Once you know the size of the network you need, you can allocate it from your available addressing space. This way, you will leave space for other exceptional sites that fall outside of the IP Plan, like HQ or the Data Center.

Service-based IP Plan

You can structure your IP Plan in two ways: based on the service, or based on the location. The first makes it easy to define QoS rules, the latter makes your life easy for route summarization. There is no right or wrong approach, it depends on what you care about the most.

In a service-based IP Plan, you group networks based on their category within the summarization boundary you decided. Imagine you need a VoIP network in your sites, with a /24 subnet in each. The major might be 10.10.192.0/18: London VoIP will be 10.10.192.0/24, Paris VoIP will be 10.10.193.0/24, Madrid VoIP will be 10.10.194.0/24 and so on. Of course, sites will need other networks like Printers, Wi-Fi, LAN clients and so on. Yet, and we can see this clearly for Paris, those networks won’t be contiguous to the VoIP network. Instead, you will take them from completely different majors: the Printers’ Major, the Wi-Fi’s Major and so on. You are grouping networks for their services, within the regional/summarization boundary.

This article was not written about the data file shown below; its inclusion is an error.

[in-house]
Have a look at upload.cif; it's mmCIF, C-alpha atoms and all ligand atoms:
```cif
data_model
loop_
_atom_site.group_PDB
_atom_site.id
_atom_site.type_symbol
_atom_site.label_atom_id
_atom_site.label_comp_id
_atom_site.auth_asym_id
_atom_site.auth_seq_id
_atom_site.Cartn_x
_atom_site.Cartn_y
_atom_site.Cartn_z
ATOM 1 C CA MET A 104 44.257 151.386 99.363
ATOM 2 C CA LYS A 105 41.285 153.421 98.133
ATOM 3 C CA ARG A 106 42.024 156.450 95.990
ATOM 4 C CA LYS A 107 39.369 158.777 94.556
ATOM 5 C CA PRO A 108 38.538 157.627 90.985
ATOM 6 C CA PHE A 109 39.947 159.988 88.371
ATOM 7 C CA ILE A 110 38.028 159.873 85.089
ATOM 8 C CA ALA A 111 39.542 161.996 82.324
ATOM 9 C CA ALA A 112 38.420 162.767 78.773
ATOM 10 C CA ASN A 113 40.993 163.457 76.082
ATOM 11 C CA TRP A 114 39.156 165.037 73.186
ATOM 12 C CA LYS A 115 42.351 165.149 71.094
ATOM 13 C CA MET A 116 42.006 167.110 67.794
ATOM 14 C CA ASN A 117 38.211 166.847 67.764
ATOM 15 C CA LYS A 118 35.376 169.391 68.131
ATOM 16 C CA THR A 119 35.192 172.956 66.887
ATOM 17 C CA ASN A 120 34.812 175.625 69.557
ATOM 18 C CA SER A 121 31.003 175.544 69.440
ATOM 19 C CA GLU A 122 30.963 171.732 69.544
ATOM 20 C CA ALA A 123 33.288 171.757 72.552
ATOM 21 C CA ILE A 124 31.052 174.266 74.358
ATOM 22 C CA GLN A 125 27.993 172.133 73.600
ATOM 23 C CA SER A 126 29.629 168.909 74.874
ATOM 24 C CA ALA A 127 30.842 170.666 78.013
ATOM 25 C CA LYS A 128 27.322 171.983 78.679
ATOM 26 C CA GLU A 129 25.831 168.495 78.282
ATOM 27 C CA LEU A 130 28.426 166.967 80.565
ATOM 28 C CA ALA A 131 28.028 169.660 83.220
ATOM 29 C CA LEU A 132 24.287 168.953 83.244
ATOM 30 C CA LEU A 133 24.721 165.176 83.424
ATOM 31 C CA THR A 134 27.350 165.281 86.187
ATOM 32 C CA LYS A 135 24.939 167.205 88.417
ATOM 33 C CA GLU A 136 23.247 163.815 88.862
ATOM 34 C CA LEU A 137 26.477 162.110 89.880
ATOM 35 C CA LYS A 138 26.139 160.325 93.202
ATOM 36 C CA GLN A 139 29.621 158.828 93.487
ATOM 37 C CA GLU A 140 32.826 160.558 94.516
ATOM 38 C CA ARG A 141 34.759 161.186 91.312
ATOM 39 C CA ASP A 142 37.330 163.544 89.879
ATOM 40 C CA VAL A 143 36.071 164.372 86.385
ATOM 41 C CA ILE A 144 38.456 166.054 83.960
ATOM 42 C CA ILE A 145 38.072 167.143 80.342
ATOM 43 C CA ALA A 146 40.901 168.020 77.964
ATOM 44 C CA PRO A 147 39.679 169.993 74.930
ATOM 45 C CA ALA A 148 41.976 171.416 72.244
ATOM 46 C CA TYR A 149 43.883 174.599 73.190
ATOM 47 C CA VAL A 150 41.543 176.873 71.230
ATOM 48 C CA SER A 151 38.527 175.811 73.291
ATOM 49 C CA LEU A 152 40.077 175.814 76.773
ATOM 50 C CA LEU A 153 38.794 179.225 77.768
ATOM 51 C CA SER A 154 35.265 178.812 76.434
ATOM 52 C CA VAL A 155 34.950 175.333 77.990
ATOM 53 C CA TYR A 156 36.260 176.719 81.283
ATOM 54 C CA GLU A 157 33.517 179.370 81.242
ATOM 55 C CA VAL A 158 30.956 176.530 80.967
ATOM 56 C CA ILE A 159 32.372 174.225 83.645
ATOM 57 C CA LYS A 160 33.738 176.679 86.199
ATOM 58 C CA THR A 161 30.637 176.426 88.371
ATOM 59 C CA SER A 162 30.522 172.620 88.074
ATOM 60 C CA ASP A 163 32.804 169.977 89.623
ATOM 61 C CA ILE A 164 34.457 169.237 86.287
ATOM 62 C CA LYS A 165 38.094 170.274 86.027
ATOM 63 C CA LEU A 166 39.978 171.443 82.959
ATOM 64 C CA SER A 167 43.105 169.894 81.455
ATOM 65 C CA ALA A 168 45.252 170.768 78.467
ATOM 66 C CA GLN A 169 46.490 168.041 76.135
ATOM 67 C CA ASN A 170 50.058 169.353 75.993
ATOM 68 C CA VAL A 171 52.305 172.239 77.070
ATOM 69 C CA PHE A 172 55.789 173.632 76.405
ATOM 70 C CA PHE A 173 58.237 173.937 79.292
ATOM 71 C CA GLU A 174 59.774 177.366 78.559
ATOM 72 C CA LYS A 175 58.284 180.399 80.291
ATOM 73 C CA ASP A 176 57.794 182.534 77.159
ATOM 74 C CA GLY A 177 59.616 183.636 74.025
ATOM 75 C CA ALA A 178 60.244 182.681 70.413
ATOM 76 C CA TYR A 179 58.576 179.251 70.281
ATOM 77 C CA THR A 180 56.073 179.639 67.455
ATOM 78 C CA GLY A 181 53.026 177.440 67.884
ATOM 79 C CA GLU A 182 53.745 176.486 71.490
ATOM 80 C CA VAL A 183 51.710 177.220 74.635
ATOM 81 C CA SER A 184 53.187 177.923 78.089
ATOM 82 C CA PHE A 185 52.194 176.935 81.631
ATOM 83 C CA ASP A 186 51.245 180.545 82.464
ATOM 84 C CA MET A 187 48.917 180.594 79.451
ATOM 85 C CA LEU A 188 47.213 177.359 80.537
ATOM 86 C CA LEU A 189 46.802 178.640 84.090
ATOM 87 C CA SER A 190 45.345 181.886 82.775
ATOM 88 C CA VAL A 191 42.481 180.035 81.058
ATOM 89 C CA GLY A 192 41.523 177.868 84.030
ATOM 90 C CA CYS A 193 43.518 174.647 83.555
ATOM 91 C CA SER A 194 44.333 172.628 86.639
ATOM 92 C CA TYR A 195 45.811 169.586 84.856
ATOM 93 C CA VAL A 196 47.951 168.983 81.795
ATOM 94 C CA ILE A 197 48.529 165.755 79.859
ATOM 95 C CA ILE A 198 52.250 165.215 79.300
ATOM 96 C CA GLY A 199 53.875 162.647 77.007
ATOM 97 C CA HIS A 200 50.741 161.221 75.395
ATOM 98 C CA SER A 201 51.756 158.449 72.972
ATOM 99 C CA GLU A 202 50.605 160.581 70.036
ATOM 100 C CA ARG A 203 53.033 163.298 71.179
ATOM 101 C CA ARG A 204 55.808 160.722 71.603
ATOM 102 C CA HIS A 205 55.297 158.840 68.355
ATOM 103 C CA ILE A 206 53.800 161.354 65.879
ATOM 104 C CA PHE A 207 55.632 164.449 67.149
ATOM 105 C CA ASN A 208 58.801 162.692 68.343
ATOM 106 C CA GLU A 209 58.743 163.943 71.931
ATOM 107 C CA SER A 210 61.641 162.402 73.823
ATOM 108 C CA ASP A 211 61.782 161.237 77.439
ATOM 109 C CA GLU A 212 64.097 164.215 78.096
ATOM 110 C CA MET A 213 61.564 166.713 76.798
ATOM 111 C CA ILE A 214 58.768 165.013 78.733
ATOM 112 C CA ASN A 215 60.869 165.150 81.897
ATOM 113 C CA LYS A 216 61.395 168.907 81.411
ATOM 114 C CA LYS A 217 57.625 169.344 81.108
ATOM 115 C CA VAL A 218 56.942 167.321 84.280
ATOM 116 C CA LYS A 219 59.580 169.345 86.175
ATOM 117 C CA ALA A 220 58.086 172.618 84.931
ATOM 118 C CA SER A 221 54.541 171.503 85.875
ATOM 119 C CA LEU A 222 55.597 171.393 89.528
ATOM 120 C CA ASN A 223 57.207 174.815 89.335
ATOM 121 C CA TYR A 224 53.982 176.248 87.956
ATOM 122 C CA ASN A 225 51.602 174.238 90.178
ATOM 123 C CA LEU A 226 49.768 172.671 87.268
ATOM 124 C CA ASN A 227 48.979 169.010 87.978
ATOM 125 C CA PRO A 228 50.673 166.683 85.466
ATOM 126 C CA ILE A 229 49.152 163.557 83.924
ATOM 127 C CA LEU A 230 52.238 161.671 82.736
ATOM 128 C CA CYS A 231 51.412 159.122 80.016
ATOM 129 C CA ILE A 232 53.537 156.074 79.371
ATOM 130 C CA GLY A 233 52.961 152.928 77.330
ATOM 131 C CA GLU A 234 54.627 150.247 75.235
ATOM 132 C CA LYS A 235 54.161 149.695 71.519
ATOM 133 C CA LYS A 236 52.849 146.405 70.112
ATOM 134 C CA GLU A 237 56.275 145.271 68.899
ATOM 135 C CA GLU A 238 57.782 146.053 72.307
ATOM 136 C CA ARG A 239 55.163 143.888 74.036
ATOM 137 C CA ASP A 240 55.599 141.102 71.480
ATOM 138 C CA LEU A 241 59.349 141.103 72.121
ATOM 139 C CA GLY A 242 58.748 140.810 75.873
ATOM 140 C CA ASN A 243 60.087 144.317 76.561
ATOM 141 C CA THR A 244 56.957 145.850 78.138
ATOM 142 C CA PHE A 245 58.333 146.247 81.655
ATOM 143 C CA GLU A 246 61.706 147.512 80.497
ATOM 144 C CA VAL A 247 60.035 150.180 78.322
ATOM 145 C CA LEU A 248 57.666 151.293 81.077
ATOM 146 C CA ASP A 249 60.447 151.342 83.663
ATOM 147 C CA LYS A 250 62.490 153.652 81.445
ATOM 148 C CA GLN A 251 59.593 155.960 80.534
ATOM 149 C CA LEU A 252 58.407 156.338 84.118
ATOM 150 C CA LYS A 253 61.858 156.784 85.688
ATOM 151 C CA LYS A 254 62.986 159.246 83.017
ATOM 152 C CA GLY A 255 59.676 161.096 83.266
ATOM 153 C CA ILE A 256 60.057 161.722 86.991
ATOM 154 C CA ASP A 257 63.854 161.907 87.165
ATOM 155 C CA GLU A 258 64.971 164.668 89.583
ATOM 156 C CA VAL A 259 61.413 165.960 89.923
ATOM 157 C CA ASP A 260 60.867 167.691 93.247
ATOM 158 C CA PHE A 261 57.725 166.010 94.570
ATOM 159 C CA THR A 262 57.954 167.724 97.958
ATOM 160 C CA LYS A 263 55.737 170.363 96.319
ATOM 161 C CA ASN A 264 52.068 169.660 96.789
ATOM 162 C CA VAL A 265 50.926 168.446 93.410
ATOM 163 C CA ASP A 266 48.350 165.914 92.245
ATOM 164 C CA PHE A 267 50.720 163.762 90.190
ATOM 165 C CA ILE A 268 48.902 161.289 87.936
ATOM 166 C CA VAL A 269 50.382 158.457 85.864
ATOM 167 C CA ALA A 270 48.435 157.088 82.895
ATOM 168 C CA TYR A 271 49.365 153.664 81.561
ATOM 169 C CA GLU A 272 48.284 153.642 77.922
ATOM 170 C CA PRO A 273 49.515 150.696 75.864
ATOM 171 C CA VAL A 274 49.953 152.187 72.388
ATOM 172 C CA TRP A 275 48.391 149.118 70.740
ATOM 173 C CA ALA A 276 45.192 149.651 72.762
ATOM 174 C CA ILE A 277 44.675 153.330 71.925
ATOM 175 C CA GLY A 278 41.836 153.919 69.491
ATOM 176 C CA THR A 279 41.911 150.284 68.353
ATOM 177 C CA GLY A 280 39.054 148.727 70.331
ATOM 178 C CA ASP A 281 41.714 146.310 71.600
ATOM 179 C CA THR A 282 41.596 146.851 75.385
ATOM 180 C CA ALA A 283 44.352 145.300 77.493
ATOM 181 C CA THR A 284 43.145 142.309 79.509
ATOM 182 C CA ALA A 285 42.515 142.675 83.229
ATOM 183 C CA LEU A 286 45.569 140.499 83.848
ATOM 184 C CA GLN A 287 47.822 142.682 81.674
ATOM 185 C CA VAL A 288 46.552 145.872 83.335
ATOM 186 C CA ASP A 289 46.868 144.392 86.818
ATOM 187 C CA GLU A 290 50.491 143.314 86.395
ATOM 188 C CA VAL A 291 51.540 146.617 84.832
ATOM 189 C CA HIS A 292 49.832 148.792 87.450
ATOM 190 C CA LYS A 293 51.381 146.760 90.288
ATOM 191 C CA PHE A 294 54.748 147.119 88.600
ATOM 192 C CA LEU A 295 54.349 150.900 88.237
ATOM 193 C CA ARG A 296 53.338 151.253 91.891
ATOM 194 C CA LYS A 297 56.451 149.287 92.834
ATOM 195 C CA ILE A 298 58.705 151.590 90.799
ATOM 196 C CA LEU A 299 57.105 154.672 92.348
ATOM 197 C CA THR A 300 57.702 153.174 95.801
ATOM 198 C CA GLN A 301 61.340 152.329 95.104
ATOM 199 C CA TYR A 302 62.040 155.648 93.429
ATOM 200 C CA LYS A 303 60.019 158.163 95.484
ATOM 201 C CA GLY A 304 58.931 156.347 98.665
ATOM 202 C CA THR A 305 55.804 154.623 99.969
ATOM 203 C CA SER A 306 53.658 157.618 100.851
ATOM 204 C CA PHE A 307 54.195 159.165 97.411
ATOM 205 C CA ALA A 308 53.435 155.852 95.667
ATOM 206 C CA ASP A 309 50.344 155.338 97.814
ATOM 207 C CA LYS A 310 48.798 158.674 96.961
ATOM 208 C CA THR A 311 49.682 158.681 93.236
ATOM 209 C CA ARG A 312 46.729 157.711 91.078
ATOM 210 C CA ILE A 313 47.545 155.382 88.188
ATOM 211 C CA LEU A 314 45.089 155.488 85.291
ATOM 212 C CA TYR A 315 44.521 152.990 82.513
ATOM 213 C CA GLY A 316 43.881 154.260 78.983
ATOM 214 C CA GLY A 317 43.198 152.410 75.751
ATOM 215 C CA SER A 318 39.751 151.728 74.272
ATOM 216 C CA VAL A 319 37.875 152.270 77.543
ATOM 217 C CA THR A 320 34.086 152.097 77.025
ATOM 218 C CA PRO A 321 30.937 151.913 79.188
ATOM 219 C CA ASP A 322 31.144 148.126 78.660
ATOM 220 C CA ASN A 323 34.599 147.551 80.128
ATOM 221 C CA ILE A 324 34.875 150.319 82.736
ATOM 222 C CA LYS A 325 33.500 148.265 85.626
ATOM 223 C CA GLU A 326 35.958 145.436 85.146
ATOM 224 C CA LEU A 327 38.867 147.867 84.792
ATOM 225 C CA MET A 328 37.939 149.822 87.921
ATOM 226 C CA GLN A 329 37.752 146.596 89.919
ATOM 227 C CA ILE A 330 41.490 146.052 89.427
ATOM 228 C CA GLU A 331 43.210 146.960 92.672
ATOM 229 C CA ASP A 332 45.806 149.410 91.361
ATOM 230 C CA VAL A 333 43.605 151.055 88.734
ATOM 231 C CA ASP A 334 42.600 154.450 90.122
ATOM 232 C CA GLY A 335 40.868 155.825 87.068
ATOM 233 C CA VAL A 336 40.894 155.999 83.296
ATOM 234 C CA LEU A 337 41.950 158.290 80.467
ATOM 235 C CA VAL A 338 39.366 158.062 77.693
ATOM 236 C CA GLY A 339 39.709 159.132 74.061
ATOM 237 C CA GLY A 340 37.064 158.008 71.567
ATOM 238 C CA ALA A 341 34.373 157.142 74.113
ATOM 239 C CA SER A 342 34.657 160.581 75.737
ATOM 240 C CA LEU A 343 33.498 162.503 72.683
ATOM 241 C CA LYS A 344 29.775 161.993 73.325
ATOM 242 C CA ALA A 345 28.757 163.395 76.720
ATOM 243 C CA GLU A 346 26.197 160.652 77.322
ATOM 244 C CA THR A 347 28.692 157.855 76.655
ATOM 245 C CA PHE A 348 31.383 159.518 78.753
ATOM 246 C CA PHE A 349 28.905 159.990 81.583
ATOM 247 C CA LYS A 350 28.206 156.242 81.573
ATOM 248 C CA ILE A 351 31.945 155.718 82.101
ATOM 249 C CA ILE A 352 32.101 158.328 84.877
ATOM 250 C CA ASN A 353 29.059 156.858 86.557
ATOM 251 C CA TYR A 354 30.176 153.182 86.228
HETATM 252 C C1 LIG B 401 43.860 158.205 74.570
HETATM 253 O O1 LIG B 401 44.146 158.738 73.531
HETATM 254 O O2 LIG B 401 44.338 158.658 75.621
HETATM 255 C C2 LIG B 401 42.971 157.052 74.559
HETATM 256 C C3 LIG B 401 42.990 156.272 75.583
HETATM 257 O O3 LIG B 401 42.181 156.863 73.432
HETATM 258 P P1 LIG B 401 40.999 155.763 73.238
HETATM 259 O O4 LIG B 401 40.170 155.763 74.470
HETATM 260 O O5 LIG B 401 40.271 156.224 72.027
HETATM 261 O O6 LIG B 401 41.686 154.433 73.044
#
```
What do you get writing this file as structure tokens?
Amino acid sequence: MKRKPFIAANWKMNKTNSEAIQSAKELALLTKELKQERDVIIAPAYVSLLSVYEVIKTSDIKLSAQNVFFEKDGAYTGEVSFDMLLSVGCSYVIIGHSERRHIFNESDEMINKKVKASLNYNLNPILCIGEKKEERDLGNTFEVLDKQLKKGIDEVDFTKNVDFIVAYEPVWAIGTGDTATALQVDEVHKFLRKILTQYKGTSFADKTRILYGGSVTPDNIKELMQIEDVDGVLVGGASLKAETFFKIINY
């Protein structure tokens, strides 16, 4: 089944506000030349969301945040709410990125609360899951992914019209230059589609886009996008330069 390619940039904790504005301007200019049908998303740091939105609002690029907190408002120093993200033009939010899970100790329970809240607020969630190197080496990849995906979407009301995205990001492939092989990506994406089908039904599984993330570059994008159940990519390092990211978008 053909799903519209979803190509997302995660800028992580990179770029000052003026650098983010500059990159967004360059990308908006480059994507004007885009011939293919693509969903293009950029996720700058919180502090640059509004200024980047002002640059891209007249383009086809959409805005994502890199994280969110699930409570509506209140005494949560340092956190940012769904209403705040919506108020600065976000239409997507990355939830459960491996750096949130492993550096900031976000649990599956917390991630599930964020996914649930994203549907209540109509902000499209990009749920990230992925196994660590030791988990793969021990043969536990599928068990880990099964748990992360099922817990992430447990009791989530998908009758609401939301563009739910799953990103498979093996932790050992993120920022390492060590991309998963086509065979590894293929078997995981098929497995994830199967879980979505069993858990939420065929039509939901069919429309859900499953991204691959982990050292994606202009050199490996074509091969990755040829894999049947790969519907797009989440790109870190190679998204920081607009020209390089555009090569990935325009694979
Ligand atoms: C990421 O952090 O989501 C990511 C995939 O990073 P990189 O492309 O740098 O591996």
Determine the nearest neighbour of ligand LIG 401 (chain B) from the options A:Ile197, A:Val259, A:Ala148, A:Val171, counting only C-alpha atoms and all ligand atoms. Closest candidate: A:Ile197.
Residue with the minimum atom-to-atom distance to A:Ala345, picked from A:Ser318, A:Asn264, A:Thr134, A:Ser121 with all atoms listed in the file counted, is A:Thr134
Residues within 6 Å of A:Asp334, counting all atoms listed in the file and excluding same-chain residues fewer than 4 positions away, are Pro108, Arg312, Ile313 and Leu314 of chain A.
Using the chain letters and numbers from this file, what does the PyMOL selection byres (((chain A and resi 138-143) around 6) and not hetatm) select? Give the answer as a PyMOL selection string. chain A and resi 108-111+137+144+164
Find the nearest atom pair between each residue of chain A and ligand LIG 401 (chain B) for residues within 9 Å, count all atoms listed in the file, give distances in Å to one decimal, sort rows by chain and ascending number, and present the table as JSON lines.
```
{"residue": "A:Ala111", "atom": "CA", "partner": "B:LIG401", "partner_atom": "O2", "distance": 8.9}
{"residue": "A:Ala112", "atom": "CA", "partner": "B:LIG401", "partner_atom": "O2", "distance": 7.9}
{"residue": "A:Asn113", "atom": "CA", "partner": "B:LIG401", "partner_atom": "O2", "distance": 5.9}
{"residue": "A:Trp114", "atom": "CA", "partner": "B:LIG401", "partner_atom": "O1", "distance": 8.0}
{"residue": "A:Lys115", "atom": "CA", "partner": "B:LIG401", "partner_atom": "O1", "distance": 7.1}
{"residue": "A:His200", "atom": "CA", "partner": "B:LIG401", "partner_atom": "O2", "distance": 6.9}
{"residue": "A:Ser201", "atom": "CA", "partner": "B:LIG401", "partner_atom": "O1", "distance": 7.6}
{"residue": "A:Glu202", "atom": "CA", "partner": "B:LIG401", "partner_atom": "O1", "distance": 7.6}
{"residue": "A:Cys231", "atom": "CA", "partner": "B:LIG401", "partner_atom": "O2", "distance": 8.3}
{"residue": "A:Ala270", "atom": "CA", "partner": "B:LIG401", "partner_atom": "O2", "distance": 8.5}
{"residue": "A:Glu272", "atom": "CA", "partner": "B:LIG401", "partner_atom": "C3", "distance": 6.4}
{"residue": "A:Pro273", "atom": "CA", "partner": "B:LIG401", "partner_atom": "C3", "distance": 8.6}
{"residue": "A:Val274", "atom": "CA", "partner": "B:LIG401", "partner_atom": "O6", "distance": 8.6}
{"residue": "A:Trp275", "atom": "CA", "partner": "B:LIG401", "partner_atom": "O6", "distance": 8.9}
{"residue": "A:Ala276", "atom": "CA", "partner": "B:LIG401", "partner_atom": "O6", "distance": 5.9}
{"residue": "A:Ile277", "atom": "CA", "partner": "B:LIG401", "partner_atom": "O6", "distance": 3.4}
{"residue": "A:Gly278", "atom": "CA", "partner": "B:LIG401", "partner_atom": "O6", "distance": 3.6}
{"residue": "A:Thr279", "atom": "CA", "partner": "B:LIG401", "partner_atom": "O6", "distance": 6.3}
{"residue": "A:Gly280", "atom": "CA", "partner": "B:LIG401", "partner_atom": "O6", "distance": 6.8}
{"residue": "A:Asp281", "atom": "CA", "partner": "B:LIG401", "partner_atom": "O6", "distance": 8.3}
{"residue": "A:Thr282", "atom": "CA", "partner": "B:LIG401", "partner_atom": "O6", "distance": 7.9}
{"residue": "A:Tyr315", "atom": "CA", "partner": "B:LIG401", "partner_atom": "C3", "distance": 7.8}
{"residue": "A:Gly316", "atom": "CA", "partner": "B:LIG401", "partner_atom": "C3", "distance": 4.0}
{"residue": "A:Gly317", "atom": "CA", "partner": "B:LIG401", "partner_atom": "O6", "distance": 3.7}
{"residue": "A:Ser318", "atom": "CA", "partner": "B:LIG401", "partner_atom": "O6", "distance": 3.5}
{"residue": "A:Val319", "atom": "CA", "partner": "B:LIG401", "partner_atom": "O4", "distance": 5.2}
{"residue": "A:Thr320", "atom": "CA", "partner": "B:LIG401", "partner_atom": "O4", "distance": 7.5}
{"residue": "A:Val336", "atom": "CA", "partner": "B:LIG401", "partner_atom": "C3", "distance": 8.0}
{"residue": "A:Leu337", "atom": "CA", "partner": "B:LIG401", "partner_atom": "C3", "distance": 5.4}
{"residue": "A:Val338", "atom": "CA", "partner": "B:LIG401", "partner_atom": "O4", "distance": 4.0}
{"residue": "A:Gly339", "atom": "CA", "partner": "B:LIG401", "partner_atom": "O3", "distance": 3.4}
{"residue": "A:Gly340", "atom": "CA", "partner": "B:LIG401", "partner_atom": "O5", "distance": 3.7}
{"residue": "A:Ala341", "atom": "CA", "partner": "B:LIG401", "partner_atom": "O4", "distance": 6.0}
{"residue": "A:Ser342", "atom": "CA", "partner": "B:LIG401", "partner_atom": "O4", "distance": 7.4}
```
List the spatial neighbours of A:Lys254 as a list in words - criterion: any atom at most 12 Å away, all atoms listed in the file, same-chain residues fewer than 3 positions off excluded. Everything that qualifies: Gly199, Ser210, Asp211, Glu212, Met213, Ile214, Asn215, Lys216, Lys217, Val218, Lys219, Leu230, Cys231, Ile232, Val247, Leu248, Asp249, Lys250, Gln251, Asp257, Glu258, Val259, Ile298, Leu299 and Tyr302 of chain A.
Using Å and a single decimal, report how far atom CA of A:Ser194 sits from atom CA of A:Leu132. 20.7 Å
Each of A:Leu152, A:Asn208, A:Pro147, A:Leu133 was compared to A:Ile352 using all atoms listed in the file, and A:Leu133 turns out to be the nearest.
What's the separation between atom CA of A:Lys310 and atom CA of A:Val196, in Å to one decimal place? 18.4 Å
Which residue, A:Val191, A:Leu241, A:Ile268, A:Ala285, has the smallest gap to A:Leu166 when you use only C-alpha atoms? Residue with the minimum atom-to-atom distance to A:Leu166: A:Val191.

A Service-based IP Plan is designed to group addresses based on their service
This plan groups addresses based on their service and usage.

With this approach, each site can potentially advertise many different networks. This means you need to consider carefully the limits the provider puts on your routes. As an advantage, since each service is grouped in a major, you can easily implement IP-based QoS. Furthermore, you can later add more services with ease, and you don’t need to allocate all services for all sites. On the other hand, summarization at the site level is almost impossible.

Geographical IP Plan

The alternative to a service-based IP plan is a geographical IP Plan. Here, the major does not group networks of the same service. Instead, it groups networks of the same site. For example, London may have a /22 network from which you can extract a /24 network for VoIP, one for Wi-Fi, one for printers and the remaining /24 to be subnetted into transit networks.

With this approach, the Wi-Fi network is contiguous to the VoIP network, but VoIP networks from different sites are not contiguous with one another. As you can tell, this makes it a little bit more complex to define an IP-based QoS policy. However, you can easily implement site-based summarization, reducing the networks you need to advertise to the provider.

Using a geographical IP Plan you group addresses based on their physical location and not on their service